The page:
Modelling of processes (some of) whose characteristics are time invariant. Important concepts are covariance, correlation and cross-correlation functions. Gaussian processes and white noise. Linear filters, autoregressive and moving average processes. Spectral density function, phase and amplitude spectra. Estimation of mean, covariance function and spectral density. Ergodicity. Frequency analysis. Signal-to-noise ratio. Matched filters and Wiener filter. Some properties of the Brownian motion.

Lecturers: Georg Lindgren.

Literature: G. Lindgren and H. Rootzén: Stationära Stokastiska
Processer (English translation exists), Division of Mathematical Statistics, Lund, 2004.

Further information: See the course home page.

Time period: Spring semester, first period.

Examination: Home assignments.

Requirements: 45 ECTS credits in mathematics and a basic course in mathematical statistics.

Language: English if requested, otherwise Swedish.

The course gives theory and methodology of how to model, design and evaluate experiments. Important concepts are: Simple comparative experiments. Analysis of variance; transformations, model validation and residual analysis. Factorial design with fixed, random and mixed effects. Additivity and interaction. Complete and incomplete designs. Randomized block designs. Latin squares and confounding. Regression analysis and analysis of covariance. Response surface methodology. Off-line quality control and Taguchi methods.

Lecturer: TBA.

Literature: D.C. Montgomery: Design and Analysis of Experiments, Wiley, New York, 5th ed, 2000.

Further information: See the course home page

Time period: Spring semester, first period.

Examination: Written examination.

Requirements: 45 ECTS credits in mathematics and a basic course in mathematical statistics.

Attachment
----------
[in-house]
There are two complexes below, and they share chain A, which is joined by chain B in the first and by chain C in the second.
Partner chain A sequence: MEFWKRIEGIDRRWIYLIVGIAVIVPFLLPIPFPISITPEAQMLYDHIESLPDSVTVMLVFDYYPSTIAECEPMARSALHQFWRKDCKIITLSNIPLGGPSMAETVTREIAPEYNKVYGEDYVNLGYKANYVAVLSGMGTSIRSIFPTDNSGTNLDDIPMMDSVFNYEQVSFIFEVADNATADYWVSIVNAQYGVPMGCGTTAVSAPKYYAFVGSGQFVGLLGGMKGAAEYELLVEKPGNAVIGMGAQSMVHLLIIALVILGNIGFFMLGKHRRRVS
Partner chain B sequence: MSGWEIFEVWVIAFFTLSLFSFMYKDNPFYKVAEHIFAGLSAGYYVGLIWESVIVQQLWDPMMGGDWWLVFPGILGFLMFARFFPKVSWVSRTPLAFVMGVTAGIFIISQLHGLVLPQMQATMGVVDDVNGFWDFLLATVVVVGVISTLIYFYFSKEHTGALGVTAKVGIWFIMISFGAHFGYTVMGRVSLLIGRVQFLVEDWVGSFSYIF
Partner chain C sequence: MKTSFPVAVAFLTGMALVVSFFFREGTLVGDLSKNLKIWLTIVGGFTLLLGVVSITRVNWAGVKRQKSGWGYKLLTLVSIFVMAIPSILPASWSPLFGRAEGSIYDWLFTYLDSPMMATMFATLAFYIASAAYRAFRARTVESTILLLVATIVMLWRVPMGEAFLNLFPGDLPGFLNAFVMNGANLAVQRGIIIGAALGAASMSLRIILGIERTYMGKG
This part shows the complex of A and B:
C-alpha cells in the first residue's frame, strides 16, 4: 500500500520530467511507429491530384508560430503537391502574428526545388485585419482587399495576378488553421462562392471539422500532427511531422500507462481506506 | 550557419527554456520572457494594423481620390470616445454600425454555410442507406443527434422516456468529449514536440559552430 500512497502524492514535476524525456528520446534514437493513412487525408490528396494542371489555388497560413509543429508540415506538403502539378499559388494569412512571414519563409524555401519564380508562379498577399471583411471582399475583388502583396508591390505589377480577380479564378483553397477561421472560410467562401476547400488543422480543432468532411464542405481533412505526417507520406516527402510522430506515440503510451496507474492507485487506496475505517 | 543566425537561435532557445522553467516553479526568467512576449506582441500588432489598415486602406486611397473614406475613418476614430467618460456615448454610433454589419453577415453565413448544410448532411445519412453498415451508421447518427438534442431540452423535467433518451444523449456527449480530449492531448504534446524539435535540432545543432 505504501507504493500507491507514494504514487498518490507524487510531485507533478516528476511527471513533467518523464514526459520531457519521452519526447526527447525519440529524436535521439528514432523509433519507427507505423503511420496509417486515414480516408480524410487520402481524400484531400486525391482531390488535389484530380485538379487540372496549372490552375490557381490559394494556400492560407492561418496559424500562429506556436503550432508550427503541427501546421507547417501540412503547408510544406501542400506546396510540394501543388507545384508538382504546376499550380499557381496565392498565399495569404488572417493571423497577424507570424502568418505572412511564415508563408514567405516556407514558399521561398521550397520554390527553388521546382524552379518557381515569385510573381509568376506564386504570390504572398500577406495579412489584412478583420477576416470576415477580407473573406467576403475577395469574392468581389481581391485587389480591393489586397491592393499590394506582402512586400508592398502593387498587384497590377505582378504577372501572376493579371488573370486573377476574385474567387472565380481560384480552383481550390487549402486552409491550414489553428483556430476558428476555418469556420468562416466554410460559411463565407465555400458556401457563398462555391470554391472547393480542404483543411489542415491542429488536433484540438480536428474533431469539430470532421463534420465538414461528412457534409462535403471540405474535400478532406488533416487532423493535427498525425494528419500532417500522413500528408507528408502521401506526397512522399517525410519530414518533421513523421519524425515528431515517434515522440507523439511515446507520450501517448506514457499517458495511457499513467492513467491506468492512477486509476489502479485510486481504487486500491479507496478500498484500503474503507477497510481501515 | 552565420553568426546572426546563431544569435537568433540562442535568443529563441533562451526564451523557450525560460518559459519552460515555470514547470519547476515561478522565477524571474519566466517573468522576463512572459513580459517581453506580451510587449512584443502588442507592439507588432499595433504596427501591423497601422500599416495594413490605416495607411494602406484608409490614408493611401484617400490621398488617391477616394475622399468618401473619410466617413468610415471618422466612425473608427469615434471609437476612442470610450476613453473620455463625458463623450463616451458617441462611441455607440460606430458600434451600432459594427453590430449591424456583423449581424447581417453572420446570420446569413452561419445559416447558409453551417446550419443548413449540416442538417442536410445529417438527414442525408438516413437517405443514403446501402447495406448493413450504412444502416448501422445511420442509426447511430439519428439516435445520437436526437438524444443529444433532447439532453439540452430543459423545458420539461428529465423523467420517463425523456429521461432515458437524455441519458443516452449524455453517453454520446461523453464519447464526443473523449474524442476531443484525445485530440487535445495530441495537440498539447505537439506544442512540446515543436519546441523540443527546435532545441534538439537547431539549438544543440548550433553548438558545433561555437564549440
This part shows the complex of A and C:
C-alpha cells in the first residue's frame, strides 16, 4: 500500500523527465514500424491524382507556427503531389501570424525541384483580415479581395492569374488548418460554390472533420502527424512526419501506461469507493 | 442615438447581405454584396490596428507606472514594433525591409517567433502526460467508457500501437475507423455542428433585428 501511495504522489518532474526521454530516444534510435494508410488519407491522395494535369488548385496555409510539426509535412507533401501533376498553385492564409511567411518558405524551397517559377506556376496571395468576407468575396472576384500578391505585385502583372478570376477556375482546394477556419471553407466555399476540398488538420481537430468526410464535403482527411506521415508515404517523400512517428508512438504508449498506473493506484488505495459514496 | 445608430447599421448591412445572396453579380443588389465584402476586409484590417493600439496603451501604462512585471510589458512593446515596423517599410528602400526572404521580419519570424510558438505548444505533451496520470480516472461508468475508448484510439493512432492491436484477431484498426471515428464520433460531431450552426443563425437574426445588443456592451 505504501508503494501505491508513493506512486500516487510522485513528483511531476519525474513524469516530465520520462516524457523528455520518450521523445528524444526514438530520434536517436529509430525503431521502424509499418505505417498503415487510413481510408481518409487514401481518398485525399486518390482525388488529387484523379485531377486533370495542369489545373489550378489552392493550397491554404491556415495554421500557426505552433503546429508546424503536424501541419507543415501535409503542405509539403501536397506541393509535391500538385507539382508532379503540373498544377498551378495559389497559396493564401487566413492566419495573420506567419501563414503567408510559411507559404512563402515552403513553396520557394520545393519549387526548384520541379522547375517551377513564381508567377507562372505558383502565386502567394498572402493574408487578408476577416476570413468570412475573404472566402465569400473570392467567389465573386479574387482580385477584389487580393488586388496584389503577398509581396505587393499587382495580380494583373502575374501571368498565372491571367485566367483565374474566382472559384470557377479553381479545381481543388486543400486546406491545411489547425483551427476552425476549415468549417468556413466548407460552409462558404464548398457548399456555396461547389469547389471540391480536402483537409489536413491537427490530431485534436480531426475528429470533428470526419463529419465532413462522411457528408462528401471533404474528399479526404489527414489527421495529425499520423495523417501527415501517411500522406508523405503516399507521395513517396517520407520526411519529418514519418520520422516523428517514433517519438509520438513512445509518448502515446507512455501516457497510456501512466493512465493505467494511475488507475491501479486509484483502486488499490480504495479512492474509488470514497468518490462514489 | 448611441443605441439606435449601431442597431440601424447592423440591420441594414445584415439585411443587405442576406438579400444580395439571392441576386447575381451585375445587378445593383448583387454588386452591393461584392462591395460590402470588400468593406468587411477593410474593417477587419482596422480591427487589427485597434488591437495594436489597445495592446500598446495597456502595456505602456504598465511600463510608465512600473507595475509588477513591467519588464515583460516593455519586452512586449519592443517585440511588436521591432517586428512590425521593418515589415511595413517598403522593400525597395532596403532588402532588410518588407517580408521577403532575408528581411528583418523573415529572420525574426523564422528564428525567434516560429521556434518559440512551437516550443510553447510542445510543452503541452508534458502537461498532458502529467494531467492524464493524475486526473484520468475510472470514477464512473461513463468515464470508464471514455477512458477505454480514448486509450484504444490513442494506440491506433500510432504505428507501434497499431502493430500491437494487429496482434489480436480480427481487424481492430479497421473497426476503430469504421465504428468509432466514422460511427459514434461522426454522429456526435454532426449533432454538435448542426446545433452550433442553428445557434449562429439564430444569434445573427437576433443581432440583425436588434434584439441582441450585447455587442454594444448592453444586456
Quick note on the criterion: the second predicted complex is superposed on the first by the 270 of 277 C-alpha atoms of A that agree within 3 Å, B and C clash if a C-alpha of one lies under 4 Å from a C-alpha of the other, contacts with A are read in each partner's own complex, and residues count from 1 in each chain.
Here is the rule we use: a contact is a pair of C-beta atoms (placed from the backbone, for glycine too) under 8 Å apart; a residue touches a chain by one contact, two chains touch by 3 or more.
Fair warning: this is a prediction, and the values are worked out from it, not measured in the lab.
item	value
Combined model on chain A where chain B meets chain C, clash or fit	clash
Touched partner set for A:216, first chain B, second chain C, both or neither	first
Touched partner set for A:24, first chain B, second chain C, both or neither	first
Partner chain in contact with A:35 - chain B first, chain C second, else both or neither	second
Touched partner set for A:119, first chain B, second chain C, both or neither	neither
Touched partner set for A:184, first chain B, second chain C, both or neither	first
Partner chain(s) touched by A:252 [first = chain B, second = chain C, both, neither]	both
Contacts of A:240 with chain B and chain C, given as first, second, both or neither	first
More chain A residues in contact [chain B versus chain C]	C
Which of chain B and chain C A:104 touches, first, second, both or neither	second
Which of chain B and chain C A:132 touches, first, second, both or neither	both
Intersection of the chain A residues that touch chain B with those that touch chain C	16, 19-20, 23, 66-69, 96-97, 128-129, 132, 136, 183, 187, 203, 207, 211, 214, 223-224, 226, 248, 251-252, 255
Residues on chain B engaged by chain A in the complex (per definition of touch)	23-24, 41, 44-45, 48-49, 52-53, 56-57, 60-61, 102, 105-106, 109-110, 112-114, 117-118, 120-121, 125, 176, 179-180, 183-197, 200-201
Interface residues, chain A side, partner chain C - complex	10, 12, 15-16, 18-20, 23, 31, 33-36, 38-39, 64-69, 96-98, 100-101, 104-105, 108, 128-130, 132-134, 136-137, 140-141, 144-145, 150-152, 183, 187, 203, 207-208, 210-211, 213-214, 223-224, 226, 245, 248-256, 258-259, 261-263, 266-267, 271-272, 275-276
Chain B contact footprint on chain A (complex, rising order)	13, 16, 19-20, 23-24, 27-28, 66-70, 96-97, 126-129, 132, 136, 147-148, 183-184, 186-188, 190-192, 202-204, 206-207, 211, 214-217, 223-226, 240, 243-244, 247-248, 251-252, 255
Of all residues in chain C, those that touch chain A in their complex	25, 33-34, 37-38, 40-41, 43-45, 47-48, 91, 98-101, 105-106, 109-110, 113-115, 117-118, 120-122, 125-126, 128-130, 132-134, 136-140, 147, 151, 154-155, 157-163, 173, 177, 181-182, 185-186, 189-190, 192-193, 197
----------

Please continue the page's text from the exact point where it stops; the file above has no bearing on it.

Language: The course is taught in Swedish. The written material, including the course notes, is in English.

Statistical tools for risk assessment. Bayes theory. Weibull distribution and other extreme value distributions. Event intensities and the Poisson process. Statistical correlation and Monte Carlo-simulation. Use of means, standard deviations and quantiles for risk assessment. Risk computations, safety index, extrapolation of small risks.

Lecturer: TBA

Literature: Rychlik, I. and Ryden, J.:
Introduction to Probability and Risk Analysis. Lund 2002

Further information: See the course home page

Time period: Autumn semester, second period.

Examination: Home assignments, written and oral examination.

Requirements: 45 ECTS credits in mathematics. Knowledge of probability theory at the level of MASC01 is desirable but not necessary.

Language: English.

The course extends and deepens basic knowledge of probability theory. Central topics are existence and uniqueness of measures defined on sigma fields, integration theory, Radon-Nikodyn derivatives and conditional expectation, weak convergence of probability measures on metric spaces.

Lecturer: Tatyana Turova.

Literature: A.N. Shiryaev: *Probability*, Springer 1996.